The Liverpool Echo has hit out at Sir Keir Starmer over his decision to publish a first-person piece in The Sun.
The regional daily has criticised the Labour leader after he wrote a piece for the national tabloid, which is widely boycotted across Liverpool over its coverage of the 1989 Hillsborough disaster.
The Echo, which refers to the title as “The S*n” in its copy, has won multiple awards for its campaigning work with the families of Hillsborough survivors over the past three decades.
Its criticism of Sir Keir, on which it splashed yesterday, came after he previously declined to give interviews to The Sun during the course of his campaign for the Labour leadership.
In his opinion piece for the tabloid, published at the weekend, Sir Keir criticised Prime Minister Boris Johnson’s “incompetence” over the ongoing fuel crisis.
But his choice of platform has sparked what the Echo has called “shock and anger” on its patch, including from a number of Merseyside Labour MPs.
Echo reporter Joe Thomas, who covered the criminal trials linked to the Hillsborough tragedy and its aftermath, wrote in an accompanying first-person piece: “Merseyside has woken to the news that he has written an article specifically for the paper still reviled in the region for its poisonous coverage of the Hillsborough tragedy, including the reporting of disgraceful smears that took decades to dismantle but continue to be weaponised, agonisingly, by vile trolls.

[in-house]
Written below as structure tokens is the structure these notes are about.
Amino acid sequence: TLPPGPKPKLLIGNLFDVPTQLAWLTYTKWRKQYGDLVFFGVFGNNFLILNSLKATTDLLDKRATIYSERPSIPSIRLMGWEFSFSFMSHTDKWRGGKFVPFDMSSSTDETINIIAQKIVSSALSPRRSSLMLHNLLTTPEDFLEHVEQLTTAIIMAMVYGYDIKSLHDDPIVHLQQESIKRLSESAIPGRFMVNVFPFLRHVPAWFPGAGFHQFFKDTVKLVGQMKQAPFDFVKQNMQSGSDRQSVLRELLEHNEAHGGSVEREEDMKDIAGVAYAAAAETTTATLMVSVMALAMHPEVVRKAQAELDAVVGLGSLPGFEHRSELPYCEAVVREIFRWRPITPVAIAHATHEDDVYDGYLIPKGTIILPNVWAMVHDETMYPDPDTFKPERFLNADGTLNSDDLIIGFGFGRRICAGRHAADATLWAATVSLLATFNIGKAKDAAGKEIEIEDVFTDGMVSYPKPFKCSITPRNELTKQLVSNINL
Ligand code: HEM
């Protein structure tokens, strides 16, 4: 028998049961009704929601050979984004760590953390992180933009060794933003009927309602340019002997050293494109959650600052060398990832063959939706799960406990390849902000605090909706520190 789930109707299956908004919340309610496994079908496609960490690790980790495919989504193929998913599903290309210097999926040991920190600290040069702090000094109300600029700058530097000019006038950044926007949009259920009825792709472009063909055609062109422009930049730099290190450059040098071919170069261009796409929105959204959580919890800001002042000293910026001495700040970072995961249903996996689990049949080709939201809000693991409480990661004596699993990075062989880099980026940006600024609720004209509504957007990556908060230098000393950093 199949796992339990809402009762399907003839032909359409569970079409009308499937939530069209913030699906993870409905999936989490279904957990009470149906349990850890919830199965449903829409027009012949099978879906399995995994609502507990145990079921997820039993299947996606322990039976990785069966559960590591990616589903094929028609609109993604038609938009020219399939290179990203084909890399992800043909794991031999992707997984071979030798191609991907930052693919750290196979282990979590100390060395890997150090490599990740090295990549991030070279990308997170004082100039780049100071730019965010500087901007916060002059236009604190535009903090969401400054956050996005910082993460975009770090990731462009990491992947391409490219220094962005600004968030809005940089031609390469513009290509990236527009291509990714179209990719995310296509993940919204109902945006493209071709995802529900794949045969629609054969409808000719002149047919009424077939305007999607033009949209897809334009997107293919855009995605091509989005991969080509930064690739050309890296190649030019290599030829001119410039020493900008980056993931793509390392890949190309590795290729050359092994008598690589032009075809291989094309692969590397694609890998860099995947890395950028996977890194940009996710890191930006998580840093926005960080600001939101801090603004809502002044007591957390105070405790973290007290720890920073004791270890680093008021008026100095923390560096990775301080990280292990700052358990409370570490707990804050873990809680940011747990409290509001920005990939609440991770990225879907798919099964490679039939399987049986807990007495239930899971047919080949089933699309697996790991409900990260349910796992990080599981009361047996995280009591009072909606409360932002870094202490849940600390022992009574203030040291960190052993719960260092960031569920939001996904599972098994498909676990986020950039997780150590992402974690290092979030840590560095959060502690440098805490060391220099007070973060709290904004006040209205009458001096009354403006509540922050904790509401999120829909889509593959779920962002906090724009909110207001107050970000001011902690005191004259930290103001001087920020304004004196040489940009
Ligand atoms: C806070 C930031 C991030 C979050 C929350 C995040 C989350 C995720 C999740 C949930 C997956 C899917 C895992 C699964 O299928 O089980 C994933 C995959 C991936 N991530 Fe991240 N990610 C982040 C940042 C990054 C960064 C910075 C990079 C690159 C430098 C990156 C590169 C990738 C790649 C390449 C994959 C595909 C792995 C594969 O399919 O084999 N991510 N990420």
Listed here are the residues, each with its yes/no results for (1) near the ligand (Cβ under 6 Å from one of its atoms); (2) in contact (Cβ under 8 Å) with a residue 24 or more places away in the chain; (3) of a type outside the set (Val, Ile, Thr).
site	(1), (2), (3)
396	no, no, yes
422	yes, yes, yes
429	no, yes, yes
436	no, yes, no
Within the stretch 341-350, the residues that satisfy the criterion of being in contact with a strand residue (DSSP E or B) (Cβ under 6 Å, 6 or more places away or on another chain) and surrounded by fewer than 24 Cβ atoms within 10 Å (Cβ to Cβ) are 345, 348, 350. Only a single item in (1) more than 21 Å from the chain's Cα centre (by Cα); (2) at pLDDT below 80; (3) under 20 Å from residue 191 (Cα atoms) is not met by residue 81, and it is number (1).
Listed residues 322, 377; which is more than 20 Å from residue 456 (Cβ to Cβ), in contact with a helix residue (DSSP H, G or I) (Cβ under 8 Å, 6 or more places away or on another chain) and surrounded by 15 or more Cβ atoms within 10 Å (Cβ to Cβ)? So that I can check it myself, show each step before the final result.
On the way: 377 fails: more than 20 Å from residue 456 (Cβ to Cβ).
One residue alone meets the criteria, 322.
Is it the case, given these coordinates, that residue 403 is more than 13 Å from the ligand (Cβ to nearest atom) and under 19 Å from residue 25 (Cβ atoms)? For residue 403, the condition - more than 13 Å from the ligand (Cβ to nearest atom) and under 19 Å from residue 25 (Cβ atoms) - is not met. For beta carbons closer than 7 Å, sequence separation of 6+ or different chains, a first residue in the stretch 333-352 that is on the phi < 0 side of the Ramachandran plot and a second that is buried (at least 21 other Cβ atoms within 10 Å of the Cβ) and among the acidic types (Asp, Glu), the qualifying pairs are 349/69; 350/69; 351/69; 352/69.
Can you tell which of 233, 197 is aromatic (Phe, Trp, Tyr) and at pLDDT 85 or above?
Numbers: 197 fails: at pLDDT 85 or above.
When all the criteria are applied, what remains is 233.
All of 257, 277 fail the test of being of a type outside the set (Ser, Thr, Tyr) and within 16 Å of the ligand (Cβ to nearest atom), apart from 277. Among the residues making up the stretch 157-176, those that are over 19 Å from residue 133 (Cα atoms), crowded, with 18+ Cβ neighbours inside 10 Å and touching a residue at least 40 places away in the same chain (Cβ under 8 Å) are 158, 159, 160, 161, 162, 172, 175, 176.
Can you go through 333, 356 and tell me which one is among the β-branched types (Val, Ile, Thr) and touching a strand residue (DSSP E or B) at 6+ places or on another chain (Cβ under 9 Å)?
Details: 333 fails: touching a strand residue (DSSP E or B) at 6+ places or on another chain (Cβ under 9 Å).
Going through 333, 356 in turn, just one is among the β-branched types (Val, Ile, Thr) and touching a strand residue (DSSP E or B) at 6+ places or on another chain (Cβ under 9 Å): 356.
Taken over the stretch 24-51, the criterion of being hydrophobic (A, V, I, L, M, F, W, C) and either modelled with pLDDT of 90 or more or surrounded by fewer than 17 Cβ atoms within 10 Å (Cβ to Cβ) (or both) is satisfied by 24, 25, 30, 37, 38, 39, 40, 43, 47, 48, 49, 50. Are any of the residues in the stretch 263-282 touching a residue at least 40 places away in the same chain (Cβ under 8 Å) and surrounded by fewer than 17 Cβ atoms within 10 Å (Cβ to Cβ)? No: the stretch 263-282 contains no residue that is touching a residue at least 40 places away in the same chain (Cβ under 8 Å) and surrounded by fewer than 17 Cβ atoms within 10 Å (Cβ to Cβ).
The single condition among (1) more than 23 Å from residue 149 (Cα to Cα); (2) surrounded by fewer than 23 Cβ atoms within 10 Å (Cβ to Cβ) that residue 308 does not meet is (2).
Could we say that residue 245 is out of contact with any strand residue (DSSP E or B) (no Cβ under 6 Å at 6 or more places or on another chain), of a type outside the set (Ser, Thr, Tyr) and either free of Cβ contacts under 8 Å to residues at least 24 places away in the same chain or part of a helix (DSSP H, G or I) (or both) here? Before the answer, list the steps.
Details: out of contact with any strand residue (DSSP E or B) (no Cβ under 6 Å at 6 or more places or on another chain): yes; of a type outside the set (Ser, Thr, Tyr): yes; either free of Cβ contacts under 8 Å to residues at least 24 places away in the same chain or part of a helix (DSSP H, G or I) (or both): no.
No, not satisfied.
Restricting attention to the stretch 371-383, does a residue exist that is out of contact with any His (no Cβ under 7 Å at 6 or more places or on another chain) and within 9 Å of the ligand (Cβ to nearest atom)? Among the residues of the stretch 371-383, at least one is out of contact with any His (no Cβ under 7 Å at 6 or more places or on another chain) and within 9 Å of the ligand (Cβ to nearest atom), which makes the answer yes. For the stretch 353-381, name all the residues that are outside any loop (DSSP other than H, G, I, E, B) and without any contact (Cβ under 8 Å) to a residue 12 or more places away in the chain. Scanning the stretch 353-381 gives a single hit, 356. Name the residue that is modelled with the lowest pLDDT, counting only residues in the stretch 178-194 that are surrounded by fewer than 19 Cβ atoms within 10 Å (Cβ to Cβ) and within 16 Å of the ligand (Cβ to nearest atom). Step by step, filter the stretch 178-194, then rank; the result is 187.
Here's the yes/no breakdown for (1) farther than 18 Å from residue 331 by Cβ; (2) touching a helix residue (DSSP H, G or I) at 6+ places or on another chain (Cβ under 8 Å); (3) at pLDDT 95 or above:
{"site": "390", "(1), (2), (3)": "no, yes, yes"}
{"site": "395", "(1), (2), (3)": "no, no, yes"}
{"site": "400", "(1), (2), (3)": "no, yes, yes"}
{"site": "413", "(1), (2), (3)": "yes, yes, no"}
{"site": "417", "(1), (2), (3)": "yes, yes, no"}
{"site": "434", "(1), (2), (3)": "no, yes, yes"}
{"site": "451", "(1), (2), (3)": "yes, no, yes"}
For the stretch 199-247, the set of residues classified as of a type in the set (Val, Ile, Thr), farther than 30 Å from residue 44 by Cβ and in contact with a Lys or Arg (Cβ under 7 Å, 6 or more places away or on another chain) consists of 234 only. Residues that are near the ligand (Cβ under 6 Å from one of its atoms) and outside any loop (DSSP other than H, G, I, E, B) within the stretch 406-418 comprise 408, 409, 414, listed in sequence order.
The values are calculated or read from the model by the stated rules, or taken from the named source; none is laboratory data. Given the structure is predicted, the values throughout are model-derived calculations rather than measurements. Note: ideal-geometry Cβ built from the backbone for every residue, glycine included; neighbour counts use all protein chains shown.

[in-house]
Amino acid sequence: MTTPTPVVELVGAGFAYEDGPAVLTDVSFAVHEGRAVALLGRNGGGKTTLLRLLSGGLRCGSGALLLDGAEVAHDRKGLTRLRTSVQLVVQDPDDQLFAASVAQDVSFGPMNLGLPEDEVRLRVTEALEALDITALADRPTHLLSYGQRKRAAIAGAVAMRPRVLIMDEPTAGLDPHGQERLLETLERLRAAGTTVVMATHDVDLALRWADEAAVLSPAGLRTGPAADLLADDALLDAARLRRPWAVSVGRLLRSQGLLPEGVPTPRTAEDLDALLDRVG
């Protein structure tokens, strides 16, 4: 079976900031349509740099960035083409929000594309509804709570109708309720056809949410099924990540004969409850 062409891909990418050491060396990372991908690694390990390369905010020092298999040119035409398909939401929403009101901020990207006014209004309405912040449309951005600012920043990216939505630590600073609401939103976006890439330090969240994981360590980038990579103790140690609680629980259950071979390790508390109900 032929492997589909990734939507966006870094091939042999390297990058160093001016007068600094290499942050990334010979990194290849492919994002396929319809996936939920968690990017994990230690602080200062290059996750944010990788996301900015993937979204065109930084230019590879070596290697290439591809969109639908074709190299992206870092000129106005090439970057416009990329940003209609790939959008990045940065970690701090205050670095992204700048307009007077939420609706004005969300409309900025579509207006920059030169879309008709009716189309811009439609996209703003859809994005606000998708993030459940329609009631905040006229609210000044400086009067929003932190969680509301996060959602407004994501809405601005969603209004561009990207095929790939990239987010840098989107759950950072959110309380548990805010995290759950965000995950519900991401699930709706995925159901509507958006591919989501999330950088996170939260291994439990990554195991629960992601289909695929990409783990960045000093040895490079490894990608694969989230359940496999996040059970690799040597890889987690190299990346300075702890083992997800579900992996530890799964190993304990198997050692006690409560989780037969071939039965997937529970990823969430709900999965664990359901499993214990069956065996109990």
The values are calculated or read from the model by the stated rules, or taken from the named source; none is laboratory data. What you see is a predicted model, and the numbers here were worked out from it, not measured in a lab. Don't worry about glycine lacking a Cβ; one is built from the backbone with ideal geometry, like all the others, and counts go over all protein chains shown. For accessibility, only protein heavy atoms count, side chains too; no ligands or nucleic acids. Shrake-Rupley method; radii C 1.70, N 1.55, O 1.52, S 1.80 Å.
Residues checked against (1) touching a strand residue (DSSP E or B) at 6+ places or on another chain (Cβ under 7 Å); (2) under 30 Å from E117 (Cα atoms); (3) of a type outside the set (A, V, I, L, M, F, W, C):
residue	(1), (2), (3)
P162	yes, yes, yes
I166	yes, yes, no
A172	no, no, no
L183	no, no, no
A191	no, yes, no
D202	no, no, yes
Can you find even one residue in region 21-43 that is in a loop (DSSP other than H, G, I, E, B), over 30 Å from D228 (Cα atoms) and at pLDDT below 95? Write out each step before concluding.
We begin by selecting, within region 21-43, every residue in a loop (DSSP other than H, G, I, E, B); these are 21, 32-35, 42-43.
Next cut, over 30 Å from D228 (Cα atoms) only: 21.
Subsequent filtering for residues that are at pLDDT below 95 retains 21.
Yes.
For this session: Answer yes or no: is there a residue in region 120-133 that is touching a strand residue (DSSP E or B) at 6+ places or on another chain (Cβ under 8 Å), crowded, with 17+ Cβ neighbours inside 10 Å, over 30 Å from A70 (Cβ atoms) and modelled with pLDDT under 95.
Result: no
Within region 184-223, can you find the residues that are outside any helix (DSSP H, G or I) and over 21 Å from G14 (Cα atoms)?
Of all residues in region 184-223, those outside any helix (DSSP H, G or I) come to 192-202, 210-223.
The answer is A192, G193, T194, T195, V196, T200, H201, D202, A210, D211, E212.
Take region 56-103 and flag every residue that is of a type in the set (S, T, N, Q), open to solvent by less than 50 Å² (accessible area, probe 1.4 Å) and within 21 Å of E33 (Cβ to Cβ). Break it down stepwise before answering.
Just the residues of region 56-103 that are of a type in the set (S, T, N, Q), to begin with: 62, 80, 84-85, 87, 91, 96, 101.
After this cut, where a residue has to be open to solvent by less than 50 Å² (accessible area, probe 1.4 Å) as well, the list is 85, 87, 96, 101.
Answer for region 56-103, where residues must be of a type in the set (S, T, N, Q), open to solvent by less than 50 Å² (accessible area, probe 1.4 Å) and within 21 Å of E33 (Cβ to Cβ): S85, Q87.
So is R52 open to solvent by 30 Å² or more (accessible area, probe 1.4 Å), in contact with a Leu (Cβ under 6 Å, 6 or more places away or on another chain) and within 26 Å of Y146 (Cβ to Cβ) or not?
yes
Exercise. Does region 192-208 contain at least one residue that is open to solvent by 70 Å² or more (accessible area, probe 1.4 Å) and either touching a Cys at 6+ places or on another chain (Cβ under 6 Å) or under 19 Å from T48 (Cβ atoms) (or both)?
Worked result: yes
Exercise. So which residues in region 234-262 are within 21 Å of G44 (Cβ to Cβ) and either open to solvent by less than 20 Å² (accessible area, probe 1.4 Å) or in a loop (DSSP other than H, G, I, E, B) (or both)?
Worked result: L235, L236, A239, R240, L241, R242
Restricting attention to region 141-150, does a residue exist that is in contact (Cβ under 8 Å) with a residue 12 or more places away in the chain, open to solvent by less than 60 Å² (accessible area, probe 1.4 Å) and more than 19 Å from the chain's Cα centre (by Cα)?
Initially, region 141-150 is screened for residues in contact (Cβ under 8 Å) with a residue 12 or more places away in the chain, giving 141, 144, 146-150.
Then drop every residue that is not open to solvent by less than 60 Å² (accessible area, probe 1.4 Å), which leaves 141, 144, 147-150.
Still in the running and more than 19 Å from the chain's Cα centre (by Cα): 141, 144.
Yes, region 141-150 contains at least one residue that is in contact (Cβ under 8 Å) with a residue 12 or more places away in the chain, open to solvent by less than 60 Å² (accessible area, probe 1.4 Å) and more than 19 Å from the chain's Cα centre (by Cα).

“While [Sir Keir] said he would reconsider his position in relation to The Sun should he become leader of the party, his collaboration today has, unsurprisingly and understandably, caused shock and anger on the banks of the Mersey.”
Joe added: “When [Sir Keir] stood on a stage in this great city and vowed not to speak with The Sun during his leadership campaign he was content to receive the support that followed. Now that he is leader he may argue he is involved in a different campaign that requires a different approach.
“Yet if this is a calculated political gamble it is one that, to many on Merseyside, renders his past words hollow and creates the sense that it is the support of this Labour stronghold that he is willing to risk in his pursuit of power.
“[Sir Keir] appeared happy to play to his audience when he wanted Liverpool votes in his bid to become Labour leader. Today, many will feel he is just the latest establishment figure apparently willing to sacrifice the city when it suits his ambitions.”
The Hillsborough tragedy has now claimed the lives of 97 Liverpool Football Club supporters after the death of Andrew Devine in August 2021, 32 years after he was injured in a crush at Hillsborough stadium, in Sheffield.
A coroner concluded Mr Devine was the disaster’s “97th fatality” and he was unlawfully killed.
HTFP has approached the Labour Party for a comment on the Echo’s criticism of Sir Keir.